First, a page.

Most domestic and international commentary on Indonesia’s 14 February elections has focused on the presidential race. But on the same day, Indonesians will also vote for legislators at district, provincial and national levels. Almost 10,000 candidates will compete for the national legislature alone, in what will be the country’s sixth legislative election since the collapse of Suharto’s authoritarian regime in 1998.
Legislative elections are a vibrant affair in Indonesia. The streets are plastered with campaign posters months in advance of voting day, candidates hold gruelling rounds of public events, and they develop sophisticated social media campaigns. Most candidates and their (often very large) campaign teams also invest huge financial resources into distributing patronage, handing out everything from rice and cooking oil, to clothing and cash.
Voter turnout is relatively high in Indonesia compared to the regional and OECD averages, and Indonesians express strong and consistent support for their democratic system and legislative elections. At the same time, the average voter is sceptical about political parties and about the national legislature too: when polled, Indonesians regularly place parties and the national parliament, the DPR (Dewan Perwakilan Rakyat/People’s Representaive Council) at the bottom of a list of institutions they trust. (The military and the president usually come out on top.)
So what do Indonesian voters believe their legislators should be doing, and what kind of parliament do they really want?
As part of a broader project on political representation in Indonesia, we conducted a nationally representative survey in June 2023 that measured how Indonesians perceive democratic representation, and how they feel about the composition of the parliament, whether it represents ordinary Indonesians, and the work that legislators do. The survey interviewed 1,200 respondents face to face, with a +/-2.9% margin of error.
The results were striking: most Indonesians express strong support for a more equitable parliament, and for legislative work that focuses on programmatic policies over particularistic projects. Here we offer a brief snapshot of some of our findings.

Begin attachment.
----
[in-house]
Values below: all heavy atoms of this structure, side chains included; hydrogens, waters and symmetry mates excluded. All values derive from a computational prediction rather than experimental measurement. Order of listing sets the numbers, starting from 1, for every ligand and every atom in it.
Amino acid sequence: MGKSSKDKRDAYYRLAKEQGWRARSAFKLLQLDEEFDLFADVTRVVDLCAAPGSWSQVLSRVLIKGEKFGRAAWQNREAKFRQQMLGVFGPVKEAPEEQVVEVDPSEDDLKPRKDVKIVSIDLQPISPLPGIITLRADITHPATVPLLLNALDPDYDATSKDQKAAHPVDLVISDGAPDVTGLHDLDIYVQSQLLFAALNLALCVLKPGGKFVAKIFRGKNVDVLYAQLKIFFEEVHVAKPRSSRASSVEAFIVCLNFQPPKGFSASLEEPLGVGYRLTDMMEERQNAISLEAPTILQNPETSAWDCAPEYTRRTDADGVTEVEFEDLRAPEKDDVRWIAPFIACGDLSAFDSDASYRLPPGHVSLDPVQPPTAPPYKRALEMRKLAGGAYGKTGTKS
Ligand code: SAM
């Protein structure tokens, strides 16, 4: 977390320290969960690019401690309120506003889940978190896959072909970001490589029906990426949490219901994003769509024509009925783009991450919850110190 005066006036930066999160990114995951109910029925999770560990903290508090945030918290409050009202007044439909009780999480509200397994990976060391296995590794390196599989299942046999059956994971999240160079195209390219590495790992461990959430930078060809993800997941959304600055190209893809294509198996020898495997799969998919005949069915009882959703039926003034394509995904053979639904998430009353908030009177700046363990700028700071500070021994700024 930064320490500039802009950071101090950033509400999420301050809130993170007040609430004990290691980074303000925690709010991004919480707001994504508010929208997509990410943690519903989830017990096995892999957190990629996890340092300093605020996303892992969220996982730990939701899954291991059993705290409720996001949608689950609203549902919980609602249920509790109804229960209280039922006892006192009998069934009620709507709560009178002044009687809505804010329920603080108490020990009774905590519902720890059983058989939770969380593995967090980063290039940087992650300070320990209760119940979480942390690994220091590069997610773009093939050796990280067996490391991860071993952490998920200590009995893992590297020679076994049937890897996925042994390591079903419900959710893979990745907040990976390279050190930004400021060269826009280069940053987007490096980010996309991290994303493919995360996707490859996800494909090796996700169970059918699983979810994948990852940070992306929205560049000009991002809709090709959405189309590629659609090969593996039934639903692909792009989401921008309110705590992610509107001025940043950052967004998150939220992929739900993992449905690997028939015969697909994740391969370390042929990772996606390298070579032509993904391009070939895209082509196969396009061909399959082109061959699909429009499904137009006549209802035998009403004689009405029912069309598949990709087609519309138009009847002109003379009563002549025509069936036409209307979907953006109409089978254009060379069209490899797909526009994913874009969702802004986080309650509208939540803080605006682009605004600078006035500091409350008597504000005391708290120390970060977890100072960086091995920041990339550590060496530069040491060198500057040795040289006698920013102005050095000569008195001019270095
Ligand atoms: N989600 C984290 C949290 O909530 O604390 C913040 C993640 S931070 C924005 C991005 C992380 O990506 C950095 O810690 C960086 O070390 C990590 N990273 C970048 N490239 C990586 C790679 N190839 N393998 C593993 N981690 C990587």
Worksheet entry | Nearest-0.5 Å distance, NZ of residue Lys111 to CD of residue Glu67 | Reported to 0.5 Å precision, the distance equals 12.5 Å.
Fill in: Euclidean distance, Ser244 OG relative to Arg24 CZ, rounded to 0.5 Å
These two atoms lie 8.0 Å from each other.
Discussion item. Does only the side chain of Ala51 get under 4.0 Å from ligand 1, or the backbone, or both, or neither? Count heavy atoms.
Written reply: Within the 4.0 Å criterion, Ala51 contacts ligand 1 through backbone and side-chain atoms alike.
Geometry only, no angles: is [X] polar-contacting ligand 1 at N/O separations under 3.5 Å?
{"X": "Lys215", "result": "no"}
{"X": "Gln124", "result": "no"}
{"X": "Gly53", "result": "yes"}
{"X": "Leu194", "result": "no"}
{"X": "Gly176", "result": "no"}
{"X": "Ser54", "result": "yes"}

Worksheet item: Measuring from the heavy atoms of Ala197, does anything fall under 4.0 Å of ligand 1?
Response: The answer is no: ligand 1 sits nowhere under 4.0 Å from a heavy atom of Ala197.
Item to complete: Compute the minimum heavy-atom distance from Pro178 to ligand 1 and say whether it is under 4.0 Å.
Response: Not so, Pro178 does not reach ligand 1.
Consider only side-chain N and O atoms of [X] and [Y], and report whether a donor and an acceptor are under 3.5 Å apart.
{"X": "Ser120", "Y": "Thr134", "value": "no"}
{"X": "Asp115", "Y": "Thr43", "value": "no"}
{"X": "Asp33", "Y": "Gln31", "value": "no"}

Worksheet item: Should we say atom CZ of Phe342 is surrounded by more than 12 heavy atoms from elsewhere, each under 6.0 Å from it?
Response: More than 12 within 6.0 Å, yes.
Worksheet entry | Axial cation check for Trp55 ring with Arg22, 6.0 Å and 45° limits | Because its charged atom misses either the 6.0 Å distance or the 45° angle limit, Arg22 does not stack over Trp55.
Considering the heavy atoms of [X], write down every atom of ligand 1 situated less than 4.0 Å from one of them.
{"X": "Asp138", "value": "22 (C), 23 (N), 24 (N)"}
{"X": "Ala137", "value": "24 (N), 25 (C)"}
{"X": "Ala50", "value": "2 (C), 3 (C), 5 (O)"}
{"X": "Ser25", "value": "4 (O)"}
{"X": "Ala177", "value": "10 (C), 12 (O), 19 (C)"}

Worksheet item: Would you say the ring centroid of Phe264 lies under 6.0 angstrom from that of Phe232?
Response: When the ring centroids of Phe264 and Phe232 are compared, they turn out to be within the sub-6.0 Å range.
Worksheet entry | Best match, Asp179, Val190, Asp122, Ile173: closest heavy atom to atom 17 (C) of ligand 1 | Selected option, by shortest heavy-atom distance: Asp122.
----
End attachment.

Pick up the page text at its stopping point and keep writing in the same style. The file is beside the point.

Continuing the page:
Do voters feel their legislature is broadly representative?
We began by asking respondents about the extent to which they feel elections are able to produce a parliament that reflects voters’ views and interests. Indonesians were divided: around 47% felt the parliament is broadly reflective of voters’ interests, and 45% disagreed (see Figure 1 below).
Figure 1: Does the DPR reflect voters’ views and interests?
When we dug deeper into the data, we found that class indicators, and in particular education, were correlated with a negative view of the DPR’s ability to reflect voters’ interests. For example, almost 60% of university educated Indonesians, and over 65% percent of Indonesians in the top income bracket (i.e. over 4 million rupiah/A$400 per month) felt the parliament was not playing its representative role.
Ironically, most legislators have a background akin to those who are more likely to criticise them, i.e. they are more likely to be well educated, wealthy and from an urban area. As political campaigns have become more expensive in Indonesia, upper class candidates have come to enjoy a strong electoral advantage. Yet it seems lower classes citizens are more likely to feel parliament broadly reflects voters’ interests.
A new survey shows that political parties are divided only by their attitudes on Islam.
A new survey shows that political parties are divided only by their attitudes on Islam.
What do voters think legislators should be doing?
We then asked respondents what they believe are legislators’ two most important tasks. Each of the options were designed to reflect distinct ways voters might conceive of representation. Options #1 and #3 in Figure 2 (below) capture the notion that representatives should work above all to meet constituents’ concrete needs. We expect this to be a popular choice, because it reflects the clientelistic relationships that we know DPR members develop with their constituents in Indonesia. Options #2 and #4 capture a programmatic or policy-oriented understanding of legislative function and, in turn, representation.
Figure 2: What are legislators’ primary tasks? (Choose up to two)